The edge of the blade. 15 oppositethe shank is provided with a narrow foot 23 having a plane bottom surface 25 and a rounded end 27 projecting beyond the adjacent end of the cuttingv edge 17. This foot is approximately three times as wide as the -blade is thick, i.e., the foot projects approximately as far on each side of the blade as. the thickness of the blade. The upper surface 26 of the leading end 27 of the foot 23 slopes upwardly at a small angle, for example, about 20 to a. point close to the adjacent end of the cutting .edge 17. The function of this upward slope is to elevate slightly the jacket on the cable and direct it toward the cutting edge.
The side surfaces 29 of the blade rearwardly from the beveled surfaces 19 are recessed on each side as is bet-. ter shown at 31 in FIG. 5 for the purpose of minimizing the friction of the material being slit with the sides of the blade.
The plane surface 25 of the narrow foot 23 makes a narrow plain area of contact with the cable within the jacket regardless of the diameter of the cable. As a result the tool may be used with cables of a wide range of diameters without making one or two line contacts with the cable and thereby possibly damaging the cable.
The manner of use of a tool embodying the present invention will be readily understood by those skilled in the art but may be briefly described as follows: The end 27 of foot 23 of the tool is inserted betweena cableand the insulating jacket which is around. the cable and which is to be slitted. The tool is moved longitudinally of the cable causing the sloping surface 26.0f the foot to elevate slightly the jacket as the tool is moved forwardly and direct it against the cutting edge 17 which slits the jacket as thetool is moved forwardly. The beveled edges 19 direct the jacket away-from the recessed side surfaces 31 of the blade without the creation. of any substantial friction.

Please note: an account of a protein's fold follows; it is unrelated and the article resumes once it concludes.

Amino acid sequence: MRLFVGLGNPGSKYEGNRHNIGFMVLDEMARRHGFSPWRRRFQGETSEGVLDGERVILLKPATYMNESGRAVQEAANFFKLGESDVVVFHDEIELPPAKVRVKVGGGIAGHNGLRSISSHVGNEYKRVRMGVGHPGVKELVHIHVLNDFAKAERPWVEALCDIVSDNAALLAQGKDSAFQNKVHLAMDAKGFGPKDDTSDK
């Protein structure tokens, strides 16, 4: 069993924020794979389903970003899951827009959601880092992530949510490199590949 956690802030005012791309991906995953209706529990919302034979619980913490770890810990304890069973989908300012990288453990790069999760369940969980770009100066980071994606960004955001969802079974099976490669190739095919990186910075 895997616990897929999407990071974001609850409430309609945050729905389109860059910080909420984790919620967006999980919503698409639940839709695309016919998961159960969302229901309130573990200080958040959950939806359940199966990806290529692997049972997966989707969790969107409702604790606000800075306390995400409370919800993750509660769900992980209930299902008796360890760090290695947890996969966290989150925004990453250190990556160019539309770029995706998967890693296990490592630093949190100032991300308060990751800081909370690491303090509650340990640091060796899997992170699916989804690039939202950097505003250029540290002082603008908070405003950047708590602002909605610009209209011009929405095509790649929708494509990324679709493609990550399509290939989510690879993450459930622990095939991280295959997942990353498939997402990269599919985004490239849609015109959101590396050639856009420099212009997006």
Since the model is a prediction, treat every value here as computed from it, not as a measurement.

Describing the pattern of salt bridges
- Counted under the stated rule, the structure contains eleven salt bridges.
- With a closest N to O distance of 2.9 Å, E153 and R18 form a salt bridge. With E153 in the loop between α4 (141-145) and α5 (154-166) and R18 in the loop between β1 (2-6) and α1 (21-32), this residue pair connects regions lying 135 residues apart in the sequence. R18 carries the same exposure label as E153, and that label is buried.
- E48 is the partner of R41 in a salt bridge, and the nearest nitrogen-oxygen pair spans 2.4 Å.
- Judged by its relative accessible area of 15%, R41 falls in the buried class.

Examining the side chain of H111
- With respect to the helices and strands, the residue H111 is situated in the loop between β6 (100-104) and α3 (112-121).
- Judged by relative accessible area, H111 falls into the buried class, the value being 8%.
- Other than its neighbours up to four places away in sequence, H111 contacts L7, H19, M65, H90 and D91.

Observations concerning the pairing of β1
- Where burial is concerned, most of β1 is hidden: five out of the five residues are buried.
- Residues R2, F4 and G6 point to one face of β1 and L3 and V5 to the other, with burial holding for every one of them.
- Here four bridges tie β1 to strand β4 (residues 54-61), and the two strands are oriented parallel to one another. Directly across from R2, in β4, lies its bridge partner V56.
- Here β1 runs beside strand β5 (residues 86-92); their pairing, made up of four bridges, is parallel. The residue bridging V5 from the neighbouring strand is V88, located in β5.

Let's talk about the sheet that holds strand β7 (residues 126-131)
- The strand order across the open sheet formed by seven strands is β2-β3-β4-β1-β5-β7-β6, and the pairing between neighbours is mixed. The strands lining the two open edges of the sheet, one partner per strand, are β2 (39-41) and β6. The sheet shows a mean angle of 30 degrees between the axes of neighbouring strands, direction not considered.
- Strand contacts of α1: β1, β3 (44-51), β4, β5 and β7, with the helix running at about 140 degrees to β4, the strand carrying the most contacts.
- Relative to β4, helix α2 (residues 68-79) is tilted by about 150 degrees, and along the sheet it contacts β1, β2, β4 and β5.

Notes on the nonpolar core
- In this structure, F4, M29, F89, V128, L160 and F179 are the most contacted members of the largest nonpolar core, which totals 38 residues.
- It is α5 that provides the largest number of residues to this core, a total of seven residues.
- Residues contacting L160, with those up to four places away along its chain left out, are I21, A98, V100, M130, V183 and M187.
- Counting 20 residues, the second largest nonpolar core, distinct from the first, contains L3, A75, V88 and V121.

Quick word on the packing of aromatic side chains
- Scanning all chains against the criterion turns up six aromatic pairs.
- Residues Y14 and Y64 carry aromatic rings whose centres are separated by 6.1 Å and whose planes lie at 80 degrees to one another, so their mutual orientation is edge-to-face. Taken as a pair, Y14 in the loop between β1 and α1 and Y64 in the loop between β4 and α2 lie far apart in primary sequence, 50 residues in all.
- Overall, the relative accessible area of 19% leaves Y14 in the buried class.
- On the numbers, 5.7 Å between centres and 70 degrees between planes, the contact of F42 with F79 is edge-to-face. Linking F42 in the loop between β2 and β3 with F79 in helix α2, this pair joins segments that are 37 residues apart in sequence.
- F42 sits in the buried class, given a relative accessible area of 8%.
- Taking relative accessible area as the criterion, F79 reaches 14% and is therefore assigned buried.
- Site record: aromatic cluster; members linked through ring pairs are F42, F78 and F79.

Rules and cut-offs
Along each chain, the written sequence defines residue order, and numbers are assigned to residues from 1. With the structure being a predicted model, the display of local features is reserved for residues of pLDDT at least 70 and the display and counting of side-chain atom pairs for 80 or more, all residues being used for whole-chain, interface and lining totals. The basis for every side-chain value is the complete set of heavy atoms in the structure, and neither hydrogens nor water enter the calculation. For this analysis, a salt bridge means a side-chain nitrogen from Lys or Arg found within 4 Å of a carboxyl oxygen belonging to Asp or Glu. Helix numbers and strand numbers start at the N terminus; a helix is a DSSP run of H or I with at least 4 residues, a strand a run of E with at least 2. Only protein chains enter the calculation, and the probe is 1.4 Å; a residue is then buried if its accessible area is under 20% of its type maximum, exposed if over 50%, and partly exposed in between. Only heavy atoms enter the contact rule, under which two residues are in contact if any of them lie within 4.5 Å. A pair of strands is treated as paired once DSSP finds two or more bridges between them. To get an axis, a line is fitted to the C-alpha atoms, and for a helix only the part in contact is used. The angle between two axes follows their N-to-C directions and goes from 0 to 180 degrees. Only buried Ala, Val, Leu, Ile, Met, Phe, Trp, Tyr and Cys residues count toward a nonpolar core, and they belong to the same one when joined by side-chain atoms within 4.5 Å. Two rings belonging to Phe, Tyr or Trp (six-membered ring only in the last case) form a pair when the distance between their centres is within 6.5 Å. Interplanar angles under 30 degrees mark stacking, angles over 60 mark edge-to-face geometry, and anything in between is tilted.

Having thus described this invention in such full, clear, concise and exact terms as to enableany person skilled in the art to which it pertains to make anduse the same, and having set forth the best mode contemplated of carrying out this invention, I state that the subject matter which I regard as being my invention is particularly pointed out and distinctly claimed in what is claimed, it being understood that equivalents or modifications of, or substitutions for, parts of the invention may be made without departing from the scope of the invention as set forth in what is claimed.
downwardly and forwardly inclined cutting edge and side surfaces recessed rearwardly of said beveled surfaces, said slitter including a guard projecting forwardly above the upper end of the cutting edge and a foot at the lower edge of the blade, said foot having a plane bottom surface, a rounded leading end projecting just beyond the cutting edge and an upper surface sloping upwardly and rearwardly to the bottom end of the cutting edge at an angle of about 20 to the bottom surface of the foot, said fott projecting laterally beyond each side of the blade a distance approximately equal to the thickness of the blade.